Anthony V. Grossi, most recently global technology director for olefins and styrenics plastics additives, has been named global technology director for petroleum additives. He began his career at Owens-Corning Fiberglas in 1979, and he moved in 1987 to Uniroyal Chemical, where he managed new product development in the specialty chemicals division. Grossi holds a B.S. in chemistry from the University of Rhode Island and a doctorate in organic chemistry from the University of Massachusetts, Amherst.
Penelope A. Norridge has joined Crompton Petroleum Additives as European technical manager, focusing on the transport market. She will be based in Langely, England. She began her career with Esso Fuels in 1988 as a research scientist. Most recently, Norridge was marketing manager for ExxonMobil's passenger vehicle lubricants, with regional responsibility for the U.K. and Ireland. Norridge holds a B.S. in chemistry and a Ph.D. in physical chemistry from Manchester University, in England.
Kirk Schlup, global market manager for fuel additives since 2000, has been appointed global market manager for industrial oil additives. After beginning his career at Marathon Oil in 1982, Schlup joined Arco Chemical in 1990 as a process engineer, later becoming propylene oxide technical service manager. In 1998, he started at Uniroyal Chemical as a technical service engineer. He received a B.S. in chemical engineering from the University of Colorado and an M.B.A. from Villanova University, in Pennsylvania.
Sean Heylek has been appointed director of sales, with responsibility for sales and distribution of all of Dover's products. He has spent 20 years working in the chemicals industry, with five years focused on lubricants as director of marketing and sales for Mayco. Heylek holds a B.S. in chemistry from Illinois State University.
Curtis S. Lege has been appointed business unit manager of lubricant additives, with responsibility for Dover's global metalworking and lubricant additives business. His 24-year career in the lubricants industry includes 17 years with Mayco/Castrol/BP, where he served as vice president and general manager when the company was acquired by Dover in December 2002. He earned a doctorate in organic chemistry from the University of Florida.
James G. MacNeil Jr. is the new general manager of Hammond Works, formerly a Keil Chemical facility. Before joining Dover in 1995 as product development manager, MacNeil was a chemist for the Keil Chemical Division of Ferro Corp. He was most recently business manager for chlorinated paraffins and functional additives at Dover. MacNeil earned a B.S. in chemistry from Ithaca College, in New York, and a doctorate in organic chemistry from the University of Iowa.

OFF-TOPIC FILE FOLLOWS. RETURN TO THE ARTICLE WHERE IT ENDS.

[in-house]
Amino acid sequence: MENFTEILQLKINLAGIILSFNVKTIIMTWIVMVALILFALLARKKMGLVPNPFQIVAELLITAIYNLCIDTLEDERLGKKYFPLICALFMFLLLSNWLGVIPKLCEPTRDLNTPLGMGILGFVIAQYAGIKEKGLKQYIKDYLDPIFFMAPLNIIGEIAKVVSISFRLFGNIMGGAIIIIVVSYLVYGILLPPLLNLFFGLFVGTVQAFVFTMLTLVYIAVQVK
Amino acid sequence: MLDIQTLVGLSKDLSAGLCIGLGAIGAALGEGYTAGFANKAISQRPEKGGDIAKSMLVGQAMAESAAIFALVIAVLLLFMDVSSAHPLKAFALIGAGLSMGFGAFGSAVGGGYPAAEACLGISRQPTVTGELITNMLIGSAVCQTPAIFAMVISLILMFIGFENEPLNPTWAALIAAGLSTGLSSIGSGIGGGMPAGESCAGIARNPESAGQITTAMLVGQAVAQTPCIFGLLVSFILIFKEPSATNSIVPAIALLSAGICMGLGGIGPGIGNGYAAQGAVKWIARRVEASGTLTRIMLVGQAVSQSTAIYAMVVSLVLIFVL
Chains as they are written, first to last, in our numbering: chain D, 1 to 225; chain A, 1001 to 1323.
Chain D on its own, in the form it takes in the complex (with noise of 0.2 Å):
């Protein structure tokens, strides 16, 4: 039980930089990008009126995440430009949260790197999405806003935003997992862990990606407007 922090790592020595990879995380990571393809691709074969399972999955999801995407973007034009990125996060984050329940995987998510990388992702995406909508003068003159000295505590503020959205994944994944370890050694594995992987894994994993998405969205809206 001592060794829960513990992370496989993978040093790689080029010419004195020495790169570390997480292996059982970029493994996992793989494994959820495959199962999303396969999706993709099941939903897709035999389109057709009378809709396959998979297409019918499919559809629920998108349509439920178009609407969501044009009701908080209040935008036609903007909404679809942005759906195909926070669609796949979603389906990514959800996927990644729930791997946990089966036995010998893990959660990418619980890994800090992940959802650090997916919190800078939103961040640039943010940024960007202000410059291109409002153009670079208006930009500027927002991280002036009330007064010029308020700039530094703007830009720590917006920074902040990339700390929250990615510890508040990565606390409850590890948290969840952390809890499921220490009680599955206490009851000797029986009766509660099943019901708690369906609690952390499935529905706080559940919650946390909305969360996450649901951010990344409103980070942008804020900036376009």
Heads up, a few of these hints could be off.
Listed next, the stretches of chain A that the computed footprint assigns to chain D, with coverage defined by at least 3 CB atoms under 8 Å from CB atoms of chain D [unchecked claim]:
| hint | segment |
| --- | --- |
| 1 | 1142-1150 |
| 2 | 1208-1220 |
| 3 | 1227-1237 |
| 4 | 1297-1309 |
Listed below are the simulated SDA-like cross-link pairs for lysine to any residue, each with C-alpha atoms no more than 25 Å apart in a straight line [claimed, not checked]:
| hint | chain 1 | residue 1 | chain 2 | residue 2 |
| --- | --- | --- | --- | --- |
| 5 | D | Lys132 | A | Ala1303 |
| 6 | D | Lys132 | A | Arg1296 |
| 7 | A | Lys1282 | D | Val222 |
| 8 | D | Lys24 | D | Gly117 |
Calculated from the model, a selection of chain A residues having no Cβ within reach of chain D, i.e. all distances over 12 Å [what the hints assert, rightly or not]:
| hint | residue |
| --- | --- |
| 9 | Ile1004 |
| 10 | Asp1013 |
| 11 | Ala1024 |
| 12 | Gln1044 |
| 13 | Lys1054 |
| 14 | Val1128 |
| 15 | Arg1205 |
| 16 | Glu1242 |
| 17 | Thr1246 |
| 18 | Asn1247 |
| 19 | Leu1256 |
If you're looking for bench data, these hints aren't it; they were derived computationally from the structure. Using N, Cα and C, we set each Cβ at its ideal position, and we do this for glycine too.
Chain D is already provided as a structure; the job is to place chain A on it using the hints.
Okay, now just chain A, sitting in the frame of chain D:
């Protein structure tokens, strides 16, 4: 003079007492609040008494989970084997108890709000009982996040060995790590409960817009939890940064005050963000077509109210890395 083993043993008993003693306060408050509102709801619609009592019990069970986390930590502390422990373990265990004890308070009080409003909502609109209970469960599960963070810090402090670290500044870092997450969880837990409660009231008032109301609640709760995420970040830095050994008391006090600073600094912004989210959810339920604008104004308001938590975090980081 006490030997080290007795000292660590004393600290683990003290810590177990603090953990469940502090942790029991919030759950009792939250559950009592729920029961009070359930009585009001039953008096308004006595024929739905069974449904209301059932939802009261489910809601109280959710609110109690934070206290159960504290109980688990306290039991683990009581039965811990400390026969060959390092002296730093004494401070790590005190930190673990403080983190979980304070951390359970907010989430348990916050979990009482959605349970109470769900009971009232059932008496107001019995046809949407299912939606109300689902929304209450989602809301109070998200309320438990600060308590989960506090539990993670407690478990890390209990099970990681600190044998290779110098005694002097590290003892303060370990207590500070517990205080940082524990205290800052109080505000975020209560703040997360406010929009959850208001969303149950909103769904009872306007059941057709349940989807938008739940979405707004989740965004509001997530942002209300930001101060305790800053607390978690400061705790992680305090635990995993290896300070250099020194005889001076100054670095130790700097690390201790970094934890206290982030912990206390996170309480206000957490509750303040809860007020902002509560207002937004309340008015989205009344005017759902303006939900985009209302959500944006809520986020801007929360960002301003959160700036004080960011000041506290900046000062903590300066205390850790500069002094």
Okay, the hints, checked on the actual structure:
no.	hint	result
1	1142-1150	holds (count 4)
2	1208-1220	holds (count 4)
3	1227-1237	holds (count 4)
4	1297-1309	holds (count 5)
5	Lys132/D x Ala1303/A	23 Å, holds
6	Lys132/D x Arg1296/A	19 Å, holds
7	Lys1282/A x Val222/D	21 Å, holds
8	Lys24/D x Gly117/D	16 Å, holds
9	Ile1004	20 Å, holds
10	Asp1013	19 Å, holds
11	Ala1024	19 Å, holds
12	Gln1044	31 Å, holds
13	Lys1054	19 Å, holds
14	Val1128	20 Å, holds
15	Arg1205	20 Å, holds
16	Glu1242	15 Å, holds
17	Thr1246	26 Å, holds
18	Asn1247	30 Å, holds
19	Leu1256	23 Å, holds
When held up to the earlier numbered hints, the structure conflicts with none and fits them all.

Robert D. Arbeit has started as executive director for clinical research. With more than 20 years' experience in infectious diseases, he most recently worked as executive medical director at Cubist Pharmaceuticals. He has served as professor of medicine at Boston University School of Medicine. Arbeit received his medical degree from Yale University School of Medicine, where he also conducted his residency in medicine.
Sean M. Johnston has been appointed to the newly created position of vice president for manufacturing operations. His 20-year career includes managerial positions at companies such as E.R. Squibb (now Bristol-Myers Squibb); Lonza; and Genaera, which develops treatments for infectious diseases, cancer, and obesity. Johnston has managed both fine chemicals and pharmaceutical manufacturing activities. He received an M.B.A. from University College Dublin and a Ph.D. in organic chemistry from University College Galway.
Mohamed Bhatia, as account manager, will develop Peakdale's new custom synthesis business. He joined the company in 2001 as a senior chemist after holding positions at Oxford Asymmetry and Avecia. Bhatia has a B.S. in chemistry and a Ph.D. in natural product synthesis from Salford University, in England.
Ed Dutton, who joined the company in November 2001 after working at GlaxoWellcome, has been named a sales executive in charge of developing catalog sales of screening compounds and intermediates. He earned a B.S. in medicinal and pharmaceutical chemistry from Loughborough University, in England.
Bruce Leslie has been appointed technical manager. With more than 18 years' experience in medicinal chemistry, he joins the company from PanTherix, where, as a principal chemist, he was involved in antibacterial research. He previously held positions at Knoll Pharmaceuticals and Boots Pharmaceuticals. He graduated from the University of Manchester, in England, with a Ph.D. in organic chemistry after completing an M.S. in research.
Keith Drouet has left his position as director of business development at Cychem to become director of business development at Cambridge Major Laboratories, Germantown, Wis. He will be based in San Diego establishing a West Coast presence for the company. Drouet began his career as a research chemist at Arena Pharmaceuticals. He earned a B.S. in chemistry from the University of California, Santa Barbara, and a Ph.D. in organic chemistry from UC San Diego.
Bob J. Dull has joined Bioproducts, Fairlawn, Ohio, as vice president of R&D. Some of his previous positions are vice president for technology and business development at Ribus Inc., vice president of R&D/quality assurance at Bunge Foods Corp., and director of marketing and new business development for specialty chemicals at ConAgra Foods. He received a B.S. in premed/biochemistry and an M.S. in food science, both from Pennsylvania State University, and a Ph.D. in food chemistry/toxicology from Cornell University.
Rick Dyer has been appointed head of chemical operations at Ultrafine, Manchester, England. He has worked in chemical R&D for more than 17 years, serving as head of chemical synthesis at Roche Discovery and holding positions at Chiroscience and GlaxoSmithKline as well. Dyer earned a B.S. in chemistry from Manchester University, in England, and a Ph.D. in synthetic chemistry from Southampton University, also in England.
Virgil C. Boekelheide, an organic chemistry professor retired from the University of Oregon, died on Sept. 24, 2003. He was 84.